But while we know the general content of the speech and the atmosphere of the room, the commanding words that Lincoln spoke have been lost to history. Despite the presence of reporters in the room, only very small bits and pieces of the speech remain.
The legend that has grown around the event attributes this odd outcome to the power of Lincoln. His speech was so enthralling, the story goes, that it hypnotized the reporters tasked with covering it into stilling their pens and instead watching with rapt attention. They submitted general reports of the speech to their editors, but no transcripts or large quotations survived.
While the notion that Lincoln mesmerized reporters into forgetting their jobs is a fun one to imagine, it’s a bit far-fetched to believe that an entire gaggle of journalists failed to record the most important speech of the evening.
The more likely theory contends that Lincoln knew how inflammatory his rhetoric against slavery was going to be and he asked the attendees that night to keep things off the record, so to speak. It was more of a listening party.
Tempers across the nation were running high as people debated the morality and future of slavery. The grave disagreements and tensions between factions that would lead to the breakout of Civil War less than five years later were already being established.
Knowing this, Lincoln and the leaders of the new party feared the immediate backlash if a wider audience got wind of the fierce rhetoric being used to oppose slavery.
In order to end the practice, they were going to have to forge alliances and proceed with some caution in the dangerous political climate of the day.
A reporter for the Weekly Courier of Alton wrote on June 5, 1856, that, along with a staunch call to end slavery, Lincoln insisted “that the Union must be preserved in the purity of its principles as well as in the integrity of its territorial parts. It must be ‘Liberty and Union, now and forever, one and inseparable.’”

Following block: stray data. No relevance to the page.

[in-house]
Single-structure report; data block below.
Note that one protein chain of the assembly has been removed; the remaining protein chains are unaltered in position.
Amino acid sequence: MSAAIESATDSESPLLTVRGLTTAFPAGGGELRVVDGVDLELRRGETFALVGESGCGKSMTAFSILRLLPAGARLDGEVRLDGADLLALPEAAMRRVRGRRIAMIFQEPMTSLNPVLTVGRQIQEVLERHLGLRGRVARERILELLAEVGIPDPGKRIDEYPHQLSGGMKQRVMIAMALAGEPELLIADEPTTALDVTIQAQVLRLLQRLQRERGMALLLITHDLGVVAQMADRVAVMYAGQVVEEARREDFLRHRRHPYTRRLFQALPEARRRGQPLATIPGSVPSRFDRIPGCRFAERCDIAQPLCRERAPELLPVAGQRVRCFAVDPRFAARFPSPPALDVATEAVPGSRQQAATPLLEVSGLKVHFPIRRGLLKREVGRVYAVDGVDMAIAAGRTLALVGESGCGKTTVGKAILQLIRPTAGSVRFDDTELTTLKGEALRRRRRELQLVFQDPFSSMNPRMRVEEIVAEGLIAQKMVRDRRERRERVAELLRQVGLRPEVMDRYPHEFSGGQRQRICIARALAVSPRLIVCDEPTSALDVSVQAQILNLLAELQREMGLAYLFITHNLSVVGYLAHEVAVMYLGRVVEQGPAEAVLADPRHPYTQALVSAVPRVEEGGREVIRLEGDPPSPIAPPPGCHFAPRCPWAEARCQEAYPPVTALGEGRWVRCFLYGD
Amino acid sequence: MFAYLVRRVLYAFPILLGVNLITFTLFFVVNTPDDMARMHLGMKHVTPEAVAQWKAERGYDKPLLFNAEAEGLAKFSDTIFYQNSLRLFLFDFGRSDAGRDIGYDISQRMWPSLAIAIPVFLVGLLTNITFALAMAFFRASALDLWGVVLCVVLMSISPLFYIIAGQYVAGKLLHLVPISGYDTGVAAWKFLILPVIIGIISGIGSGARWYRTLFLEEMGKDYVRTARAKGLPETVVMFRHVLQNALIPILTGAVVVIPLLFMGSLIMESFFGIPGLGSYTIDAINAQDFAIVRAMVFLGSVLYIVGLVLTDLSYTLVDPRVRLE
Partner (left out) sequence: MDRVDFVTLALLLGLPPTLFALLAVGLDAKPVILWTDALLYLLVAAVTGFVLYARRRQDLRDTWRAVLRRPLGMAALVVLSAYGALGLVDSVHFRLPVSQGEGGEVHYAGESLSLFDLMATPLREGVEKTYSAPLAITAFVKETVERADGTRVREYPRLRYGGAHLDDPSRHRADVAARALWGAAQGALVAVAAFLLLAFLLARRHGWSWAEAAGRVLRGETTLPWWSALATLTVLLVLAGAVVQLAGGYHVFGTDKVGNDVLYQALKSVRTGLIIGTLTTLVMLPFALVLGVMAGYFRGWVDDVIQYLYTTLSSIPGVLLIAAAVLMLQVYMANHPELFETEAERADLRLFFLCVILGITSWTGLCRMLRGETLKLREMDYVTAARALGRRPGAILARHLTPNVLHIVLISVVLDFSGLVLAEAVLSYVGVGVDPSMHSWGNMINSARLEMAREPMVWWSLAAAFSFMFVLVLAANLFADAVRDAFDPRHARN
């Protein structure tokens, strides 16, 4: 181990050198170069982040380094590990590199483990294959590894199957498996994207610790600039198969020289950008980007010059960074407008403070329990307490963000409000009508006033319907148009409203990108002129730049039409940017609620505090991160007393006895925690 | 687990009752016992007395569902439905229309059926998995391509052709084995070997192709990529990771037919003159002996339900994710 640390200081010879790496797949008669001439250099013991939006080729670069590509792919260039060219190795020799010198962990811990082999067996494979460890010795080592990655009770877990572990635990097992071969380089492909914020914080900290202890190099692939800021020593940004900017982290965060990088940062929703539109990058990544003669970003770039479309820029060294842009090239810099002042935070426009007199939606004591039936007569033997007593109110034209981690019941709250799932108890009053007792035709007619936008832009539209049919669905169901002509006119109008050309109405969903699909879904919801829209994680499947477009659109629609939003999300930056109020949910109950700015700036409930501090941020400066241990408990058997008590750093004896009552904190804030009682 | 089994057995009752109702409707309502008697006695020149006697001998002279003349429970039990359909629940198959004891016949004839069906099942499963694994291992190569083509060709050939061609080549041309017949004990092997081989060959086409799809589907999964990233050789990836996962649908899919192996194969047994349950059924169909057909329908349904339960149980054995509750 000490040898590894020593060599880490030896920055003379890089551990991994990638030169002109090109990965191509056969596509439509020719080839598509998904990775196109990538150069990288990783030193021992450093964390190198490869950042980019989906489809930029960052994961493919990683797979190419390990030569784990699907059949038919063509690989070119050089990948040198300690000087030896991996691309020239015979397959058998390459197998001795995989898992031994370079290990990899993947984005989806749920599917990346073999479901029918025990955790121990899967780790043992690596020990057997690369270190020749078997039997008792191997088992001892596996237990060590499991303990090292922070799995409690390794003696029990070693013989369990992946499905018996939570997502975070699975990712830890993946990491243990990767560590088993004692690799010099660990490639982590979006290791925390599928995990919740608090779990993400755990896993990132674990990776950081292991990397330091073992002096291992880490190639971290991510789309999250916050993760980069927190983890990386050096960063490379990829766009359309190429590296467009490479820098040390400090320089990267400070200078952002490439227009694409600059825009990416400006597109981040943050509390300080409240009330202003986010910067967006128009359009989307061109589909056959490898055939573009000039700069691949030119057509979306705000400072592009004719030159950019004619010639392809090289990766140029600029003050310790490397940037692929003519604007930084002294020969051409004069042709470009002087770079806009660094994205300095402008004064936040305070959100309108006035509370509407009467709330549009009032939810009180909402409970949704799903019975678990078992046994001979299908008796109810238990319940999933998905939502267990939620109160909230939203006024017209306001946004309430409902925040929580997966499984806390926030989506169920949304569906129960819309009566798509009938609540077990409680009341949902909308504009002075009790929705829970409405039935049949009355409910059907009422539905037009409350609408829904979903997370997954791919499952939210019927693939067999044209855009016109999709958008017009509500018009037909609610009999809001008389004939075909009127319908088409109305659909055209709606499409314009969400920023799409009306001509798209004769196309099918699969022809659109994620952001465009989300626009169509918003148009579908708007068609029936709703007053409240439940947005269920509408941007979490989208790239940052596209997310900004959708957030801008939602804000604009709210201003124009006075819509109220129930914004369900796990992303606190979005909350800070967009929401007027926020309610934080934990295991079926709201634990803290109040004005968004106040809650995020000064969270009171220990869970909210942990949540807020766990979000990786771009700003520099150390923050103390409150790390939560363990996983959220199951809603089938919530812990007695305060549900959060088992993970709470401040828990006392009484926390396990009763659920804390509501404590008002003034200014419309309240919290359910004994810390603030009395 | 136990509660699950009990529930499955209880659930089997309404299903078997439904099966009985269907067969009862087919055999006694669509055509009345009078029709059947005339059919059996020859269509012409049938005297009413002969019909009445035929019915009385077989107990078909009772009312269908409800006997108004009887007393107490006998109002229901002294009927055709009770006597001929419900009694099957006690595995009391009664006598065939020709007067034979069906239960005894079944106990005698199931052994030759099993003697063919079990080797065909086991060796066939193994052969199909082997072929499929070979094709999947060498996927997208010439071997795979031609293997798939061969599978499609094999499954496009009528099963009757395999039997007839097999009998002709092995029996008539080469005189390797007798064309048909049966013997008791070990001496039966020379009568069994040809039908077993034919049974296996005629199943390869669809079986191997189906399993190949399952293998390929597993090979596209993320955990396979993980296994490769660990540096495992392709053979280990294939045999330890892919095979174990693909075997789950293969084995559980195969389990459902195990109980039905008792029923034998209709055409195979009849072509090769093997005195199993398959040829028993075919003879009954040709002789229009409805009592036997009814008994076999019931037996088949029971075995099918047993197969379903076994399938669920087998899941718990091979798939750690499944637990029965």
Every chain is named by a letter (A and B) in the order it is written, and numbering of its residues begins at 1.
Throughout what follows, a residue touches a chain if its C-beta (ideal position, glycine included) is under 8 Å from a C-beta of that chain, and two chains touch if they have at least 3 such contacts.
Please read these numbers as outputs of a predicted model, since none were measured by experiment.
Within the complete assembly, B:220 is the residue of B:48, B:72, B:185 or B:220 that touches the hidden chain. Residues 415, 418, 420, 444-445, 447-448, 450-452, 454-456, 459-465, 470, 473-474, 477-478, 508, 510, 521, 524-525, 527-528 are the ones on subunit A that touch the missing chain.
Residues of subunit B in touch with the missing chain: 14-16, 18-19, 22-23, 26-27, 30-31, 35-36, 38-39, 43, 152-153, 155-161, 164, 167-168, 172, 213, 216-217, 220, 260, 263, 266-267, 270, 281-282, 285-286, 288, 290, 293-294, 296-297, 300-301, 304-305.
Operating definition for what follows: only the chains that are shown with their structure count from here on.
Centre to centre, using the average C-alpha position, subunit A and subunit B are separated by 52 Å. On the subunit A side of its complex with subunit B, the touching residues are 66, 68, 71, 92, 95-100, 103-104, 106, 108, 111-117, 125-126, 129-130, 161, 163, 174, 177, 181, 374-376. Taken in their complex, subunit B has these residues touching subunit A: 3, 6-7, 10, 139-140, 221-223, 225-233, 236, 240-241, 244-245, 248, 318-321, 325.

Lincoln, for his part, never made a written copy of his remarks—he didn’t prepare the speech in advance or take the time to record it after the fact.
That didn’t stop at least one attendee from trying to claim some of the glory. In 1896, Henry Clay Whitney published in McClure Magazine what he claimed was the full text of Lincoln’s lost speech.
While it received a lot of attention and support at the time, Lincoln’s secretary John George Nicolay and his son Robert Lincoln both announced that they doubted this was a faithful transcription. The Whitney version was officially debunked by scholar Paul M. Angle years later.
Lincoln’s legacy is tied firmly to his efforts to end slavery while keeping the states united. But, perhaps his strongest words concerning his work on these issues have been lost forever, dying with the memories of those who were lucky enough to be witnesses that night in Bloomington.
In a lecture he gave years later, Lincoln’s former law partner William Herndon said, “I have heard or read all of Mr. Lincoln’s great speeches; and I give it as my opinion that the Bloomington speech was the grand effort of his life.”